8 things you know if you’ve had an ED…?
The Metro has run an article listing 8 things you’ll only know if you’ve overcome an eating disorder. There were actually 9 things on the list, and I’d be lying if I said I agreed with everything, so here are my thoughts on what they had to say.
1) Although you’ve managed to structure your mind into thinking differently to how it did before, there’s still some things that stick.
Yep. Like what hard work it was living with an eating disorder. Not, as suggested, that you’ll still obsessively count calories. When you get on with the serious business of living, not even subconscious calorie counting really has meaning anymore.
2) Eating big meals can be scary.
No they’re not. Because you don’t eat big meals, you just eat meals. And when you’re full, you stop. Size no longer comes into it.
3) You’ve been accused of still having an eating disorder.
You can eat a perfectly ‘normal’ diet but remain very disordered in how you think and feel – and no one can see that because eating disorders are about much more than what’s visible to others. As difficult as it can be when someone points the finger; remember it’s usually done out of love and concern.
4) You find it hard to eat in public.
Not necessarily, in fact some people find eating in public is actually easier – and sometimes feels safer – than eating alone. Don’t let anyone tell you so definitively what to find difficult.
5) You will have slip-ups.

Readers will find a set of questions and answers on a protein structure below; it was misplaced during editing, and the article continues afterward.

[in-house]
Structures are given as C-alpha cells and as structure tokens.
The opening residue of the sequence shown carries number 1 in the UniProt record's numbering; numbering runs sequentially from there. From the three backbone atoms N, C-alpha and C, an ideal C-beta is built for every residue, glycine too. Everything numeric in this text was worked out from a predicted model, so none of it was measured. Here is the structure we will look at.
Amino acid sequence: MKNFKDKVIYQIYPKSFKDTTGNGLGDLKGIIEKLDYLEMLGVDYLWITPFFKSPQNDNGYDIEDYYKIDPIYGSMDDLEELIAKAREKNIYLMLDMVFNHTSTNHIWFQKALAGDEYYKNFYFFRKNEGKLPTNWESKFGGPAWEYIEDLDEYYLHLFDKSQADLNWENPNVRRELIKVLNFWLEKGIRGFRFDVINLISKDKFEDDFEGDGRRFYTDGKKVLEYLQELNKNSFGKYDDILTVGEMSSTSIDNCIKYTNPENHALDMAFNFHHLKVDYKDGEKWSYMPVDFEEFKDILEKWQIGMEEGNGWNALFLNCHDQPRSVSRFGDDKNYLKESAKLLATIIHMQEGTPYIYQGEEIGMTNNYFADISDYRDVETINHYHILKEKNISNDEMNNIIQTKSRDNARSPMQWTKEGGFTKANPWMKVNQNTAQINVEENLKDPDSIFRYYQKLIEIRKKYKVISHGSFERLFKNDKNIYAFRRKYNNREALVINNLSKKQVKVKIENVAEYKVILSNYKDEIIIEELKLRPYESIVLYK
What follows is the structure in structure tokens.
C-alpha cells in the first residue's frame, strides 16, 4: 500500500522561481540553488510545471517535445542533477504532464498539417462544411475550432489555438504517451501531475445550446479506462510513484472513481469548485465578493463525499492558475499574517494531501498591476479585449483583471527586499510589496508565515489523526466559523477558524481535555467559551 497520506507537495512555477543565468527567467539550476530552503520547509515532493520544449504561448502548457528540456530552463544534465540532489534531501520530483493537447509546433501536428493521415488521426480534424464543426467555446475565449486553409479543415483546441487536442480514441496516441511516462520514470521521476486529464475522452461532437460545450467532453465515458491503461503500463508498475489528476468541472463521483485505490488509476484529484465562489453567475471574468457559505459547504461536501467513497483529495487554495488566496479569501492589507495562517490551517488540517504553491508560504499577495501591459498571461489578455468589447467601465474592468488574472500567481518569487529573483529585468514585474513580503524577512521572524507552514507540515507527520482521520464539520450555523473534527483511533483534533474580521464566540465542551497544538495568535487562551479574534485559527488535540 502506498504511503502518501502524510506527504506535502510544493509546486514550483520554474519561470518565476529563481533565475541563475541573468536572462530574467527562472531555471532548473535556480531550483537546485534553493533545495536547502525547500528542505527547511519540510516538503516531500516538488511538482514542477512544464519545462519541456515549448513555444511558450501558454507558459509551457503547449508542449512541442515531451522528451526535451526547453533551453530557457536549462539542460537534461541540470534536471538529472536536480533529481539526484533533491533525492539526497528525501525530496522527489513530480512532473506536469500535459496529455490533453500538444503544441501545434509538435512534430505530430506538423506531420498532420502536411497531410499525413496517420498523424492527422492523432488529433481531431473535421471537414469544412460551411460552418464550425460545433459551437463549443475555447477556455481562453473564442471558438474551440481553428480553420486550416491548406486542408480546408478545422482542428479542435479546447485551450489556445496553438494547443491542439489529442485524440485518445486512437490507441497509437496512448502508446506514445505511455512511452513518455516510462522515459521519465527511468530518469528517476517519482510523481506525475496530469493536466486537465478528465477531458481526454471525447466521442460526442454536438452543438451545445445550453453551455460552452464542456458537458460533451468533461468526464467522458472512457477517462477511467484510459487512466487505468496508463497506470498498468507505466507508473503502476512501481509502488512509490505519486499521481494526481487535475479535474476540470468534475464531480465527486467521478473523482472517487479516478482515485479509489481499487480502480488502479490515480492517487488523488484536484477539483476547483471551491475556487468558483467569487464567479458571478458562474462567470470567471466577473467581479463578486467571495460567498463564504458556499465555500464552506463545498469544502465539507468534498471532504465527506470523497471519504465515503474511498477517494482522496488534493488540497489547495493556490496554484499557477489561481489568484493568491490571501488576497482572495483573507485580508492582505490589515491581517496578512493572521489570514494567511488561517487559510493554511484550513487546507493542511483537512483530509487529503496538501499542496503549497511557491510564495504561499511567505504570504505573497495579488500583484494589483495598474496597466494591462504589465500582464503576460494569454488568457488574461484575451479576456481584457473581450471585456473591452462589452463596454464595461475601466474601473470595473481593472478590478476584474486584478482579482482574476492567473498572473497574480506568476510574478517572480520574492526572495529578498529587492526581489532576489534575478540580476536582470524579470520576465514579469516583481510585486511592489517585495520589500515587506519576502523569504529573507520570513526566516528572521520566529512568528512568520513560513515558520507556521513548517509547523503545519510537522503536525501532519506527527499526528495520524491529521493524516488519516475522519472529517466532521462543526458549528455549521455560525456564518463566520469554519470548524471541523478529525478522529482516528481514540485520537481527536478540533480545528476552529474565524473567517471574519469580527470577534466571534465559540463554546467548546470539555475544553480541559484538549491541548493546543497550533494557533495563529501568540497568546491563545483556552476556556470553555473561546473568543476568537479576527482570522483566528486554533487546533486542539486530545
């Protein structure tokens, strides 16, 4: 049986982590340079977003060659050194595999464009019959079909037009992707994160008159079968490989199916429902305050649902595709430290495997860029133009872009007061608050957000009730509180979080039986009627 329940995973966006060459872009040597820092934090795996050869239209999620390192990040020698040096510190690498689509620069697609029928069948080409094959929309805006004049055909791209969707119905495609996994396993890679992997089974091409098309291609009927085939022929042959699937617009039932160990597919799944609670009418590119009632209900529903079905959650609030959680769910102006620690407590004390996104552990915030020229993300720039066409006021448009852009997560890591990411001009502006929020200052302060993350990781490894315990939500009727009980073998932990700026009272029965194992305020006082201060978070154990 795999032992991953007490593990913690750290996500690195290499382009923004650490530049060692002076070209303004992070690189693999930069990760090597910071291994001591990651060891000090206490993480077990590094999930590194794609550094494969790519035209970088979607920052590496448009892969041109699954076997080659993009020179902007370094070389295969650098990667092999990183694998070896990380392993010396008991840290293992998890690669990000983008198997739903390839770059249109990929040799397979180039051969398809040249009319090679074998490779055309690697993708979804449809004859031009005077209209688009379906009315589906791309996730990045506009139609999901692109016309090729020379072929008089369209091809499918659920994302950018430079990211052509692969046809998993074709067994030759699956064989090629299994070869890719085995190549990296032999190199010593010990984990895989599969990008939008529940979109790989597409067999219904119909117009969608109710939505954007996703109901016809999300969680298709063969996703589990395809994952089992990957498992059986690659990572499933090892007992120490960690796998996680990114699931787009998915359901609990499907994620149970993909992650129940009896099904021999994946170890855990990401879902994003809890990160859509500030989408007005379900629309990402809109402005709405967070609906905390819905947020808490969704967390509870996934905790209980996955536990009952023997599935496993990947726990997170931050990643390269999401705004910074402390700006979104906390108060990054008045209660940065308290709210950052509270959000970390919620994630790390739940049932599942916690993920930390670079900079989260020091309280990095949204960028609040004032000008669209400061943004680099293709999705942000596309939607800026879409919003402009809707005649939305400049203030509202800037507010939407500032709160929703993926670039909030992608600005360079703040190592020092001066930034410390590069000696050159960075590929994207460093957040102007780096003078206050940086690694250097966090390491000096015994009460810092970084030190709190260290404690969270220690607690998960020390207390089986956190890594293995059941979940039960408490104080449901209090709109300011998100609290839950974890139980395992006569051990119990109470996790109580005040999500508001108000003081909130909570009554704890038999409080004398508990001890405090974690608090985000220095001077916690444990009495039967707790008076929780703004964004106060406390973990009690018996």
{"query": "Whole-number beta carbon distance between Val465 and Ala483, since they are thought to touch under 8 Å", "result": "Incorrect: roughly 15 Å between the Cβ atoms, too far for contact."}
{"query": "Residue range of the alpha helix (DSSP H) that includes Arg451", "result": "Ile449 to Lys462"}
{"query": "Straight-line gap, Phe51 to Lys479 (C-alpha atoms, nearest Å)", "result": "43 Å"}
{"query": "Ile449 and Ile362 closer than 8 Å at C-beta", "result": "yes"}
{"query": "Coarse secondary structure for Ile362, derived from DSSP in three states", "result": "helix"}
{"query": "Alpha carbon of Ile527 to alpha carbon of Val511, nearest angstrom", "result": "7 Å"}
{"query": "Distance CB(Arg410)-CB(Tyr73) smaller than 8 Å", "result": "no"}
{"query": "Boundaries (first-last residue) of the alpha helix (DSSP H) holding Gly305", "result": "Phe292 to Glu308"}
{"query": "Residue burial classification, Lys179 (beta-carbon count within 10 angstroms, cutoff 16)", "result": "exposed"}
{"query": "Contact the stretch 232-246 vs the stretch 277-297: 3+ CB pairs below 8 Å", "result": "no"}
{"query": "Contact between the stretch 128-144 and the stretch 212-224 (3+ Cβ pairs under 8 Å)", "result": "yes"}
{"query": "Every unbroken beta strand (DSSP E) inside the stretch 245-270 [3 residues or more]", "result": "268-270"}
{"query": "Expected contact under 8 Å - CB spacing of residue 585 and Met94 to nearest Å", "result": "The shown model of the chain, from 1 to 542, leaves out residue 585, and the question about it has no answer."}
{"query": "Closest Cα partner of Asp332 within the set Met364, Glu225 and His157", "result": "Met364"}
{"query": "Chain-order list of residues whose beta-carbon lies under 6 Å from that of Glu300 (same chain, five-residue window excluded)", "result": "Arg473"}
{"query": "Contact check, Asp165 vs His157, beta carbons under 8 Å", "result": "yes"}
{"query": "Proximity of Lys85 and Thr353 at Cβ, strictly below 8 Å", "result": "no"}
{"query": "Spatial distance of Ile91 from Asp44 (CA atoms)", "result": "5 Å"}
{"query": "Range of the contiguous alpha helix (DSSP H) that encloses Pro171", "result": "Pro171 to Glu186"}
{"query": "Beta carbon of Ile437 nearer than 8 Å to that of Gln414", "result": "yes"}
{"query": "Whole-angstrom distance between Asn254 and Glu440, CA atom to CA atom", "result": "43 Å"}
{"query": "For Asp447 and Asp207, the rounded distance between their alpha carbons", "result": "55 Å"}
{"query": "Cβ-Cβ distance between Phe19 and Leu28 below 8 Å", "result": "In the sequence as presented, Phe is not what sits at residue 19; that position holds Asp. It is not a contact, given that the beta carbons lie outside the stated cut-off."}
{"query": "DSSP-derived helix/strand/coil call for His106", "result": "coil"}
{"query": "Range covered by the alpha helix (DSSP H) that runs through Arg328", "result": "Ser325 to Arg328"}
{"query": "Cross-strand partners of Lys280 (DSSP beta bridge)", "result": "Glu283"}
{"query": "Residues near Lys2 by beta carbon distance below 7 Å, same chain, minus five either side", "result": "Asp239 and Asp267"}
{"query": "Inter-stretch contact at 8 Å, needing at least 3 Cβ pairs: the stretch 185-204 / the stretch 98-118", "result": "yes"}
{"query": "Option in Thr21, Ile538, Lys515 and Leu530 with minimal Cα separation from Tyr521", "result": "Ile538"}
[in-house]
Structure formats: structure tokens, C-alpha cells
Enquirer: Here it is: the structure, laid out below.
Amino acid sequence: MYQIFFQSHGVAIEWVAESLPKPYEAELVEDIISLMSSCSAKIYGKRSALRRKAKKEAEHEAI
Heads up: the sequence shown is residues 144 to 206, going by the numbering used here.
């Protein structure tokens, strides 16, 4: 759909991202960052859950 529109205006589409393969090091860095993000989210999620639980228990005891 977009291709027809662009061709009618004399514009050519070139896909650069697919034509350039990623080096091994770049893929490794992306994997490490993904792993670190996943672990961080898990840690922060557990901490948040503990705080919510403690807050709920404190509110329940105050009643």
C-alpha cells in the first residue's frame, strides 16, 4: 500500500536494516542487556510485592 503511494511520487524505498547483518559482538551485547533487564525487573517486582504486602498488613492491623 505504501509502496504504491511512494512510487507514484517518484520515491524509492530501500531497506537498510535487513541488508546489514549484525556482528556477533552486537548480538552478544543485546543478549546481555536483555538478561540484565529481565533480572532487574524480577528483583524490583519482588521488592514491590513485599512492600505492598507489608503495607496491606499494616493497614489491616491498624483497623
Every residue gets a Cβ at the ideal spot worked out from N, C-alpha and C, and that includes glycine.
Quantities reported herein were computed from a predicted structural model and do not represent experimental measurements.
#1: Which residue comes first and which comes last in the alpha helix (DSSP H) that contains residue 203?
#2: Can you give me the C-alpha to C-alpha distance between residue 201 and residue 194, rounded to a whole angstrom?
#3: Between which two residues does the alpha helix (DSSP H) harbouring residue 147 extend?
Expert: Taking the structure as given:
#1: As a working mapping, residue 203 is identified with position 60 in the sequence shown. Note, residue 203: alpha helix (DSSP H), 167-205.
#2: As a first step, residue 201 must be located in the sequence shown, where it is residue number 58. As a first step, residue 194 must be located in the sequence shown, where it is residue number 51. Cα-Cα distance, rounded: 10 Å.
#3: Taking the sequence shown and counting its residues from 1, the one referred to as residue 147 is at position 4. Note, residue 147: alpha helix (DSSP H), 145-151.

Yes – I’ll go with this one. But let’s be clear that a slip-up is because we’re human, and sometimes the only way to understand what works for us through all this is a process of trial and error that doesn’t always end well. This is exactly why we have tomorrow to try again.
6) We may still be scared of certain foods.
Again, not necessarily, but there may be foods you realise you don’t actually like. You might spend the duration of your eating disorder afraid of fast food, and when you give it a go (possibly to prove a point) you come to the conclusion that actually, you just prefer the taste, texture and health benefits of fresh, home cooked meals. That doesn’t mean you’re scared of it, it means you’ve formed an opinion.
7) We’re more grateful for support than you’ll ever know.
Yes, always. And there’s often a moment when you wonder why you didn’t ask for help earlier. But sometimes it’s hard to show we’re grateful, because letting go of an eating disorder is difficult, and there are moments when we don’t like you for knowing.
8) We’re sorry.
It’s ok to be sorry for any pain and upset that friends and family may have experienced during the course of your eating disorder, but it’s also important not to go to extremes with this. It happened, but it was an illness and not a deliberate attempt to hurt everyone you love, and so going too far with feeling guilty is not helpful for anyone. Be kind to yourself, and learn to forgive.
And the rogue extra one:
9) And we’re thankful.
Thankful for support, yes, but wasn’t that number 7)? Instead, I say be thankful you got through it, be thankful you’re one of life’s survivors, be thankful your body is resilient, and if you can – be thankful you went through it at all; it’s made you who you are now, the person you’re learning to love – and that matters.
I’ve deliberately chosen to ignore the opening line of the article, which was ‘Okay, you never really overcome an eating disorder’… but if you want to read the original list in full you can find it here – http://metro.co.uk/2016/02/08/8-things-youll-only-know-if-youve-overcome-an-eating-disorder-5668829/
Eating Disorder Awareness Week 2016 is from February 22-26th.